Libyan rebels should begin organising a "transition process", Britain and France have said, as a rapid advance into Muammar Gaddafi's heartland continues.
A joint statement issued ahead of tomorrow's international conference on the future of Libya called on civil society leaders and the interim national transitional council to unite with all others "prepared to join the process of transition to democracy".
British forces were in action over the weekend, when 22 tanks, armoured vehicles and artillery pieces were destroyed on armed reconnaissance sorties.
This "involves extremely skilful and courageous work by British pilots," David Cameron told MPs.
A separate Tornado raid "deep into the Libyan desert" targeted an ammunition bunker which it is believed had been used to resupply Col Gaddafi's forces. Initial reports suggest the bunkers have been destroyed.
"It is for the people of Libya to choose how they are governed and to govern them," the prime minister added.
"They have a far better chance of doing that today than they did two weeks ago."
Britain's military efforts are part of a wider attempt to prepare the ground for the rapid westward rebel advance, which has seen key Libyan towns including Ajdabiya, Ras Lanuf and Brega change hands in recent days.
Col Gaddafi's hometown, Sirte, is the latest target for coalition air raids. If it falls there is a chance of assisting Misrata, the major Libyan city starved of food and electricity for the last month by the Gaddafi regime.
Tomorrow's London summit will see foreign ministers gather to examine long-term support for the Libyan people as they "transition into the future", the Foreign Office said.
Options for humanitarian assistance and international support from the United Nations, the European Union, the African Union, Nato and the Arab League will be explored.
The conference will also seek to demonstrate the international community's unity of purpose and "send an unequivocal message on behalf of the international community that we will continue to implement UN security council resolution, including protecting the civilian population from violent attack", the Foreign Office said.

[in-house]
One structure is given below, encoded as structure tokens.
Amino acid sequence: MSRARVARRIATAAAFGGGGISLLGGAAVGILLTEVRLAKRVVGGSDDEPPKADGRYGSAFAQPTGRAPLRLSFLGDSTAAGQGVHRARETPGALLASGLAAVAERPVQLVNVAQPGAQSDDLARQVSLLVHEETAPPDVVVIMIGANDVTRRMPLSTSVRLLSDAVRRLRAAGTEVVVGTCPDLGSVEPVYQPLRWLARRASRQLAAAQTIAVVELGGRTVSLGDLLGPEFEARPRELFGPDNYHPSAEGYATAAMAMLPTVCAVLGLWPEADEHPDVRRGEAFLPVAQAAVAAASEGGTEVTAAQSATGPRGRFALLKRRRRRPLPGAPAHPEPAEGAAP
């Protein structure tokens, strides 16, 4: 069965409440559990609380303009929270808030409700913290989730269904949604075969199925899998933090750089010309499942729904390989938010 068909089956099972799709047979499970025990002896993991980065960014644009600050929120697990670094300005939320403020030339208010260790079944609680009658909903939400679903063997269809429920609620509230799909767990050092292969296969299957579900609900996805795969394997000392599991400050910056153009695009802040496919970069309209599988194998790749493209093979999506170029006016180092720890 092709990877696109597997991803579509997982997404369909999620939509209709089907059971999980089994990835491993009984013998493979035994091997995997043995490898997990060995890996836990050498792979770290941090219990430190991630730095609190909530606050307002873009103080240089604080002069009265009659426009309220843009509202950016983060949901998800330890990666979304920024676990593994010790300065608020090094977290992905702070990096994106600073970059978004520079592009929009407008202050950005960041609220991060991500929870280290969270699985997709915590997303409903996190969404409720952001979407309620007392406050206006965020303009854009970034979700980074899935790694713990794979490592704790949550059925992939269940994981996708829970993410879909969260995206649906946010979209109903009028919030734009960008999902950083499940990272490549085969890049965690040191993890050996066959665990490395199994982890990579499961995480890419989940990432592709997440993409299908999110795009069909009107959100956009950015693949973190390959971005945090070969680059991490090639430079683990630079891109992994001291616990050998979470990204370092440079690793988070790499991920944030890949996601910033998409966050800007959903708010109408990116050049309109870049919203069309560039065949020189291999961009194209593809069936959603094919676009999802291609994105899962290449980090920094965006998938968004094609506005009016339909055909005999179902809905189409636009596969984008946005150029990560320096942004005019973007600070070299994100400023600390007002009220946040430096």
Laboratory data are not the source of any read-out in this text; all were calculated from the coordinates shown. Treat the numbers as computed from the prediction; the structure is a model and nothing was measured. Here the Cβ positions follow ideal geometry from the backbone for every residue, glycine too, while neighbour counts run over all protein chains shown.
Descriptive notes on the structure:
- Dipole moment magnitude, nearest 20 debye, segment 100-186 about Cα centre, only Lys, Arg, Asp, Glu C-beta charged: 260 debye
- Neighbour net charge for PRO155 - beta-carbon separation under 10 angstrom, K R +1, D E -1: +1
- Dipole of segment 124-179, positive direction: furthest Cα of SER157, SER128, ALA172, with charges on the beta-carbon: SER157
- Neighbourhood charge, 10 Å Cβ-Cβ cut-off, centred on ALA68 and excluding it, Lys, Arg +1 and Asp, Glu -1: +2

"We call on all Libyans who believe that Gaddafi is leading Libya into a disaster to take the initiative now to organize a transition process," the joint statement added.
"We encourage them to begin a national political dialogue, leading to a representative process of transition, constitutional reform and preparation for free and fair elections."
The conference follows Nato's decision to assume control of all aspects of military operations in Libya.
Yesterday the alliance's secretary-general, Anders Fogh Rasmussen, confirmed that Nato was fully in charge of all military activity over Libya, completing a transition from the initial US-led international action.
The shift will end the 'dual control' phase entered into last week, where Nato accepted responsibility for protecting civilians under UN security council resolution 1973 but not for broader military action pressuring Col Gaddafi's regime.
"In the last few weeks, the Libyan people have demonstrated their courage and their determination. Like all other peoples, they have the right freely to choose their leaders," Britain and France's statement concluded.
"We must unite to help them make a new beginning."
Monday afternoon's joint UK-French statement will underline the impression that the two countries are leading the coalition's response to the Libya crisis, with Barack Obama's administration keen to avoid another high-profile US-dominated international intervention.